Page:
Cantwell Urges USDOT to Move ‘Faster’ on Oil Train Safety Rules
Senator: ‘These rail cars are going through every major population center in our state’
WASHINGTON, D.C. – Today, U.S. Senator Maria Cantwell (D-WA) urged the U.S. Department of Transportation to move faster on finalizing new safety regulations for oil trains hauling flammable Bakken crude as the nation’s energy boom sends increasing oil traffic to Washington state refineries.
“My viewpoint on rail car issues is that we should go faster: The Administration should get those recommendations implemented,” Cantwell said during a hearing of the Senate Committee on Commerce, Science and Transportation. “My constituents are now seeing trains through every major city in our state. They’re literally hitting Spokane through the Tri-Cities, through Vancouver, up through Tacoma, Seattle, Everett and then up to the refineries.”
Cantwell raised her concerns during a hearing on enhancing the safety and efficiency of freight transportation. She has repeatedly pressed the Obama administration and industry officials to adopt stronger safety regulations.
“These rail cars are going through every major population center in our state,” Cantwell said. “It’s a very big issue for us. I feel like our committee has some very important roles to play on safety and security, so we will look forward to that.”
The USDOT proposed new standards for oil tank cars hauling flammable materials such as crude oil and ethanol in the wake of several fiery derailments involving oil tank cars – including one in Quebec that killed 47 people. But the new rules on oil tank cars aren’t expected to be finalized until May. USDOT missed a January 15 deadline set by the last Congress.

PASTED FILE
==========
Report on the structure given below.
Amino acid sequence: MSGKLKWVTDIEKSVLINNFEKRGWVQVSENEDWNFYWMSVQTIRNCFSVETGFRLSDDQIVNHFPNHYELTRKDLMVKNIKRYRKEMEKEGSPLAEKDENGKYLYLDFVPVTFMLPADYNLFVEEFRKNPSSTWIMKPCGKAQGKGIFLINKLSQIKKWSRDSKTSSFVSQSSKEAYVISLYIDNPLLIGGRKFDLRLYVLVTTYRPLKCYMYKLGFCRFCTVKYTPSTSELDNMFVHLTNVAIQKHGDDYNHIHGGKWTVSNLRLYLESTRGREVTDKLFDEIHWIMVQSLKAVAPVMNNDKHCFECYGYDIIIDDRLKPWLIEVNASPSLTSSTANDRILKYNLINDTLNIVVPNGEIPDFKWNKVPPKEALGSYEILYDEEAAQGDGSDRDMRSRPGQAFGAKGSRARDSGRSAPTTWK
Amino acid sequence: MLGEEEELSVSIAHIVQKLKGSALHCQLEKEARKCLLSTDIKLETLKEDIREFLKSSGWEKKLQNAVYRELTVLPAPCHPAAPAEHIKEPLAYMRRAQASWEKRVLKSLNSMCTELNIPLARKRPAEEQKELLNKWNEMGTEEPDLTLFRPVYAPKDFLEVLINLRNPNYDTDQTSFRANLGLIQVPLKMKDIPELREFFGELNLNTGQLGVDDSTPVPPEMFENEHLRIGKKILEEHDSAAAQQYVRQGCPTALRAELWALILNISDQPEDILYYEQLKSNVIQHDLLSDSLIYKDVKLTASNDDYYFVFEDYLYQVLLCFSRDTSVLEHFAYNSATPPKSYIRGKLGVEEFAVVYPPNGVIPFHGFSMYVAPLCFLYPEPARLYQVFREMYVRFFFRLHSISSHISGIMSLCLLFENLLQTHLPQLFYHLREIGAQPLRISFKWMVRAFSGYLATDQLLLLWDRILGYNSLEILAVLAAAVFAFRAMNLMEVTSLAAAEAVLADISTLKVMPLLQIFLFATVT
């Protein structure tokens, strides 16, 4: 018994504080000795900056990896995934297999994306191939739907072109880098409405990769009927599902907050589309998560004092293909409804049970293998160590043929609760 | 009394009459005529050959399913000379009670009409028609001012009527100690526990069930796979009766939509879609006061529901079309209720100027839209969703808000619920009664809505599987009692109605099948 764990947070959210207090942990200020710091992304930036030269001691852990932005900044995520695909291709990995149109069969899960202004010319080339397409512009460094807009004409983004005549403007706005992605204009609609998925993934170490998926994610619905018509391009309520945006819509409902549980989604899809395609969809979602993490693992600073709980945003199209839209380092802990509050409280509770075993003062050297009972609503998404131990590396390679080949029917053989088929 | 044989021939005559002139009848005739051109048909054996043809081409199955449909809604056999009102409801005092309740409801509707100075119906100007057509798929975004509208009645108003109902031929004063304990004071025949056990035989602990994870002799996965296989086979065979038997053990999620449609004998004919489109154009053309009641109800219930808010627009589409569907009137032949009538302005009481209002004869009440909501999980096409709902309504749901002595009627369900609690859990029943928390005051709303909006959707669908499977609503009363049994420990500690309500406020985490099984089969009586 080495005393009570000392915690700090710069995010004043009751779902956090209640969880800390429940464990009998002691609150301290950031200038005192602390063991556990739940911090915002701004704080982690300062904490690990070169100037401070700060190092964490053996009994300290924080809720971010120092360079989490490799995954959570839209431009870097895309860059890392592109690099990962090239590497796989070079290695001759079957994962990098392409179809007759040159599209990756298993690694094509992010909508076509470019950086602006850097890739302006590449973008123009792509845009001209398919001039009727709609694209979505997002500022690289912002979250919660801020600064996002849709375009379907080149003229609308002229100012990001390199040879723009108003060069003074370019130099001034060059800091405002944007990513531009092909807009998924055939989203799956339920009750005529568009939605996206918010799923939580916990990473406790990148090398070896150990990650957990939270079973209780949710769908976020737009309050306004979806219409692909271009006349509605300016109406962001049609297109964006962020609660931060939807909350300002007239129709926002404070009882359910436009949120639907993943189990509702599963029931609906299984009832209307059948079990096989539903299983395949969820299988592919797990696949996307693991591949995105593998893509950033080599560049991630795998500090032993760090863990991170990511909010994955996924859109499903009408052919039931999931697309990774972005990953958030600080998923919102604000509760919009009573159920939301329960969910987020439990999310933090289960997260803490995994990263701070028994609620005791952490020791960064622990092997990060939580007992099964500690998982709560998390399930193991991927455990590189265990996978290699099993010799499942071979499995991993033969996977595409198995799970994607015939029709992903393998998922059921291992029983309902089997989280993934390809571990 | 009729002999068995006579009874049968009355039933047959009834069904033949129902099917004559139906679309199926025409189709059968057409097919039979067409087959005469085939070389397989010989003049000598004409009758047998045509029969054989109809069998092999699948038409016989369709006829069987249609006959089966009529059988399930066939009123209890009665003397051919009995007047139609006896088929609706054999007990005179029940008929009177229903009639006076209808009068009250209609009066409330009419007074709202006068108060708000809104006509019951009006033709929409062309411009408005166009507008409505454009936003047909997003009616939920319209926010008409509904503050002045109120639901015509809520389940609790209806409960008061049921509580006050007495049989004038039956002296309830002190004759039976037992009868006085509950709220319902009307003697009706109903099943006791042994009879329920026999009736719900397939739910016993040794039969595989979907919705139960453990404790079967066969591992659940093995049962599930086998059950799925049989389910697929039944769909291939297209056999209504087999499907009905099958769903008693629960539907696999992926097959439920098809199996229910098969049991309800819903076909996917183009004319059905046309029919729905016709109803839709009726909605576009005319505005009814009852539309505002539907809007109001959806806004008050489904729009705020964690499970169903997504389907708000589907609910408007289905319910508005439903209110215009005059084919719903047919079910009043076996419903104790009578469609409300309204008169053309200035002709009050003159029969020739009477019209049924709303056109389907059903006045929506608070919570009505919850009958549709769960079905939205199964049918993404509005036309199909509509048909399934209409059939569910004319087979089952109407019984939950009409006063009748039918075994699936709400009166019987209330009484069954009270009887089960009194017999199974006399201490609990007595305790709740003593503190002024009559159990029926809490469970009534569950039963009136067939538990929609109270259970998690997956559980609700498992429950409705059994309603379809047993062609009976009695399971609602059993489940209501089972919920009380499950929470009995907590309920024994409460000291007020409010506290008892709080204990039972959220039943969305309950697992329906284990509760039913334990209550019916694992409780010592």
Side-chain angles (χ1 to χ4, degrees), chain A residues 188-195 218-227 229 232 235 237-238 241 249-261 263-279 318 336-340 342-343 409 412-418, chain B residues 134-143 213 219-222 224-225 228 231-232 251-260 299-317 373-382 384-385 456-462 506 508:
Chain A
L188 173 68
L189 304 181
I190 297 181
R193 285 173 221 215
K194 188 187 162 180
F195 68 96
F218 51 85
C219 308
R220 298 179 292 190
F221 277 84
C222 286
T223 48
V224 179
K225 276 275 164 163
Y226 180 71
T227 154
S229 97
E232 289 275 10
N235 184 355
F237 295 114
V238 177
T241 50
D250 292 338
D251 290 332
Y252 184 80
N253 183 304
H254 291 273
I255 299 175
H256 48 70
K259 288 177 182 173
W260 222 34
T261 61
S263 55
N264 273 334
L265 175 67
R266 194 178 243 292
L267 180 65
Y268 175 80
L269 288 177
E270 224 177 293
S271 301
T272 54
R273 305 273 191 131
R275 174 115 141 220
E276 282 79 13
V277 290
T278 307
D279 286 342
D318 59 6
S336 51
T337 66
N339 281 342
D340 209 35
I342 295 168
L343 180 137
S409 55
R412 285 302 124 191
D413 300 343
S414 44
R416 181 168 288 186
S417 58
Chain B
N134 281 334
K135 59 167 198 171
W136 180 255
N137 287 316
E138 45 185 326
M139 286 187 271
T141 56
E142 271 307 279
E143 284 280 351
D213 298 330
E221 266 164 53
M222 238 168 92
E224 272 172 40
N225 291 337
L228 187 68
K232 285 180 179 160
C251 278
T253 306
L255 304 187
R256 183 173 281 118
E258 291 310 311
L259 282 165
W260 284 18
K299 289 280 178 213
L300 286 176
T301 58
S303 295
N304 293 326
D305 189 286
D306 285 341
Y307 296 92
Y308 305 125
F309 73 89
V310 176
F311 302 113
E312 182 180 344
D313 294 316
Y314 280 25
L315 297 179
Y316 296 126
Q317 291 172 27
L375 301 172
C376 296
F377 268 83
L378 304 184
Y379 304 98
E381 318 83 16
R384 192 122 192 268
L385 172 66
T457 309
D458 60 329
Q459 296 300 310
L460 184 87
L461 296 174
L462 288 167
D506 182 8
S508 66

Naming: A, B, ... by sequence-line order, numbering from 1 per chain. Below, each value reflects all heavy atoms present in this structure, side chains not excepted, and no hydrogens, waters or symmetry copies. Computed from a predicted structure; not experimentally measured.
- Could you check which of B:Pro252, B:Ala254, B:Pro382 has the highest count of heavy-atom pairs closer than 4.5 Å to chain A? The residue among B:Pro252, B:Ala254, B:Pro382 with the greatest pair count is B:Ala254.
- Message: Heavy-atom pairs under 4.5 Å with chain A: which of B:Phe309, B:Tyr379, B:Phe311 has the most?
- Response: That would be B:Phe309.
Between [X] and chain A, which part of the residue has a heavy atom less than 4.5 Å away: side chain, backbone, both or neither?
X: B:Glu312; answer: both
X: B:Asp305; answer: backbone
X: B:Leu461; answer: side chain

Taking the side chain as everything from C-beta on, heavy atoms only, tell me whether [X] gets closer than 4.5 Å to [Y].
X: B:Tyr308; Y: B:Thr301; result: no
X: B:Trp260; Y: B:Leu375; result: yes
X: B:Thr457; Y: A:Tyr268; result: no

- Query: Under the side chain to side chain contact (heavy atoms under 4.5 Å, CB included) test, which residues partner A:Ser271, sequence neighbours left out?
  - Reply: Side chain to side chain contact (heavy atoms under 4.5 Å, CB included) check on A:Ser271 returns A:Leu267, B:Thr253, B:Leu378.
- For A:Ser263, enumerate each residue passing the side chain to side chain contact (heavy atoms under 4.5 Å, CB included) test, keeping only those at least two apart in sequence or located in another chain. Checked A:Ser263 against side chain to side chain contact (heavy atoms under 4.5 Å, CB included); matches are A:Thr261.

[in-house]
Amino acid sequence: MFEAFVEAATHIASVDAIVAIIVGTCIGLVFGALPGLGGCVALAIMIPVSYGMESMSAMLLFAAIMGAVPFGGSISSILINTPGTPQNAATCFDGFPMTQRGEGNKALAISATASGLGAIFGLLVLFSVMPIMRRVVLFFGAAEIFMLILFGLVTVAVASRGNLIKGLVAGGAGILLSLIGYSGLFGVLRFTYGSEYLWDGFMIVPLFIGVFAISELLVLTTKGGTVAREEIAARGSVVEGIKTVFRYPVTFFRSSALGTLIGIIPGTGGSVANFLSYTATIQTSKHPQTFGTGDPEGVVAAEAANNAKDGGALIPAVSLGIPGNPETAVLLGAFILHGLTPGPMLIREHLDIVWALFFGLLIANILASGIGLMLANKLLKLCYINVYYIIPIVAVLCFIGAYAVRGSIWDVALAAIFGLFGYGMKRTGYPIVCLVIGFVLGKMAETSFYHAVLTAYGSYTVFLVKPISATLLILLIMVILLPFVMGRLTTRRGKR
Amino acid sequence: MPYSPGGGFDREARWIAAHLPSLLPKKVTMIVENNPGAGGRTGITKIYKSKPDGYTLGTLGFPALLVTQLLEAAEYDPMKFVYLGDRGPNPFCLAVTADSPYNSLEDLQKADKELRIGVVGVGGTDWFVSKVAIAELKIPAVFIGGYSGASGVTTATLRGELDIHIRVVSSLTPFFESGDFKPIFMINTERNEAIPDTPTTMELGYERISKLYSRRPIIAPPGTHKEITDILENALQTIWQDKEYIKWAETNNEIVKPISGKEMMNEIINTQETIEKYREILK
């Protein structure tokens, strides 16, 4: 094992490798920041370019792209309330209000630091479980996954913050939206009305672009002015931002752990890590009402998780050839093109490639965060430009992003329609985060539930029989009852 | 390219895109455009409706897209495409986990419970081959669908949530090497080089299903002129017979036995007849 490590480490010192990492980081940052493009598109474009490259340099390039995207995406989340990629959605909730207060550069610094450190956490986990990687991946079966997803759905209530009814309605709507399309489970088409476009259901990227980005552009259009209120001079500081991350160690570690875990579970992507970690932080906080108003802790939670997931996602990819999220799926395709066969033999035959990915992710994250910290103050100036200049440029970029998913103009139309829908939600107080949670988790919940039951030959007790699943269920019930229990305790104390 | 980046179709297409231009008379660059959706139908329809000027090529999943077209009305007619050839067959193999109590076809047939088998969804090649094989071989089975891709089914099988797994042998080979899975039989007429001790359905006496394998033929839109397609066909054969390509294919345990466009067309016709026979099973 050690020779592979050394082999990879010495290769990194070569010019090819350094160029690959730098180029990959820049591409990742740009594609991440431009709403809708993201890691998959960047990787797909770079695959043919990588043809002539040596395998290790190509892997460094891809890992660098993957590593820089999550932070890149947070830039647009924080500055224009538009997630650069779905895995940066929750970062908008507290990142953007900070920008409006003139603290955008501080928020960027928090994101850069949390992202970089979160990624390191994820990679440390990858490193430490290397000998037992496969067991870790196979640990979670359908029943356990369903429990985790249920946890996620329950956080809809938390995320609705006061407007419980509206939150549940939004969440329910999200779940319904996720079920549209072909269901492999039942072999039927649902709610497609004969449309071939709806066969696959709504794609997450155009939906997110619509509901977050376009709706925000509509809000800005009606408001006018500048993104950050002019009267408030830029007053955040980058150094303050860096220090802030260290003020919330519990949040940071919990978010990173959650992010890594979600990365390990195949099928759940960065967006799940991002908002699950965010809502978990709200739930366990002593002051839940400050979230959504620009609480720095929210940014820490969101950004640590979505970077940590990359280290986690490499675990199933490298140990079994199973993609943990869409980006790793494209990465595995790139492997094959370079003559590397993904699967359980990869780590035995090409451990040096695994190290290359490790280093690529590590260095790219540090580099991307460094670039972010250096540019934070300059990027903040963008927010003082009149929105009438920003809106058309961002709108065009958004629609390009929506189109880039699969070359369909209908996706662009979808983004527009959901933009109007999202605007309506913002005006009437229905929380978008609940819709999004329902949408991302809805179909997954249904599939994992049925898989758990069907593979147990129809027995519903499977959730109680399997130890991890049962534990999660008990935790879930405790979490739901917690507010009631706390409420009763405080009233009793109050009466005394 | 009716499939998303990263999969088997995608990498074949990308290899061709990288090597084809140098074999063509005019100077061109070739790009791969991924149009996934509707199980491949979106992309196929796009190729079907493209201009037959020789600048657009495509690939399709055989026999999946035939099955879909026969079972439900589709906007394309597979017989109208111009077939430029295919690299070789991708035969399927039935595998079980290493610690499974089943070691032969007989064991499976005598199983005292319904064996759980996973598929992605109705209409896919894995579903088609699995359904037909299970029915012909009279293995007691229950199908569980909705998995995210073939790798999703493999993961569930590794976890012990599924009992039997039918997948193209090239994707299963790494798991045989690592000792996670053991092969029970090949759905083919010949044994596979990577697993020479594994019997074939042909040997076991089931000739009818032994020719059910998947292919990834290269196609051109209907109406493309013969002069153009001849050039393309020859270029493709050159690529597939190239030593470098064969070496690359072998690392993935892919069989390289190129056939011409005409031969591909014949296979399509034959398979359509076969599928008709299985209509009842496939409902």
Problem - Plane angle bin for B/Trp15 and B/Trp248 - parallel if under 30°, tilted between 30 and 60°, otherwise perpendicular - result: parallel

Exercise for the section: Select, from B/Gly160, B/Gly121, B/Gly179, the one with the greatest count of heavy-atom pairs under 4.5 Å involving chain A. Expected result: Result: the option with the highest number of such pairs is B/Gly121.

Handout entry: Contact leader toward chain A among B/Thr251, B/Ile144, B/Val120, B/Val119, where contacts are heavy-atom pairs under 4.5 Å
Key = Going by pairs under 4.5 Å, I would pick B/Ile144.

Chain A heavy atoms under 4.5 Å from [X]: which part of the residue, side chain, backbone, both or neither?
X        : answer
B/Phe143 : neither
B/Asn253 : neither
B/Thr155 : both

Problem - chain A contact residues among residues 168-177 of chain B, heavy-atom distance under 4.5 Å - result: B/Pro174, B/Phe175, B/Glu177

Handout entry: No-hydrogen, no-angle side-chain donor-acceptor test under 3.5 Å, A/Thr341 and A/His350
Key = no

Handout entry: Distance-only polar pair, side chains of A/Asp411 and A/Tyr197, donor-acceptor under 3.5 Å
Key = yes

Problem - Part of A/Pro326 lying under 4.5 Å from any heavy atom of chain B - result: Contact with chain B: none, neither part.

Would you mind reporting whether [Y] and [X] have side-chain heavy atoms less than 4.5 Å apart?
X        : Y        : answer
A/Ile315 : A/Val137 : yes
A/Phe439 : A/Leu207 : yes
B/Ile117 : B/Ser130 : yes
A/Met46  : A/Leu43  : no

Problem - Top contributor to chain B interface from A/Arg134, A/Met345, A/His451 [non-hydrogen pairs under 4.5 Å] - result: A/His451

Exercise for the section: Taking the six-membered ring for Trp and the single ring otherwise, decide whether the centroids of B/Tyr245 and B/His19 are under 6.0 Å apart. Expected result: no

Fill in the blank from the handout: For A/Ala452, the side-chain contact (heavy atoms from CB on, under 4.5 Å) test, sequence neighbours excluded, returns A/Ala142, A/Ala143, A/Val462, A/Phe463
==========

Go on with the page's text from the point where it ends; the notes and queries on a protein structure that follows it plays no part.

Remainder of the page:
The proposed rules would phase out the use of older “DOT-111” tank cars for the shipment of Bakken crude. The DOT-111 poses a higher safety risk than newer cars, whose hulls are less likely to puncture in the case of a derailment. About 80,000 of these older, less safe DOT-111’s currently are in use.
In a May 2014 hearing, Cantwell pressed U.S. Transportation Secretary Anthony Foxx on the progress of implementing new regulations. In the same hearing, Foxx announced a new USDOT order requiring railroads to identify routes where trains are hauling more than 1 million gallons of Bakken crude and to notify state emergency management officials.
An average of 19 oil trains now traverse Washington state every week.
Washington state is the fifth-largest refining state in the U.S. and a destination for increasing quantities of crude-by-rail from North Dakota shale fields. The amount of crude oil shipped by rail has increased from none in 2011 to 714 million gallons in 2013, according to a state Ecology Department report. Recent high-profile rail accidents in North America have prompted Washington state lawmakers and officials in several cities to call for stronger regulations.
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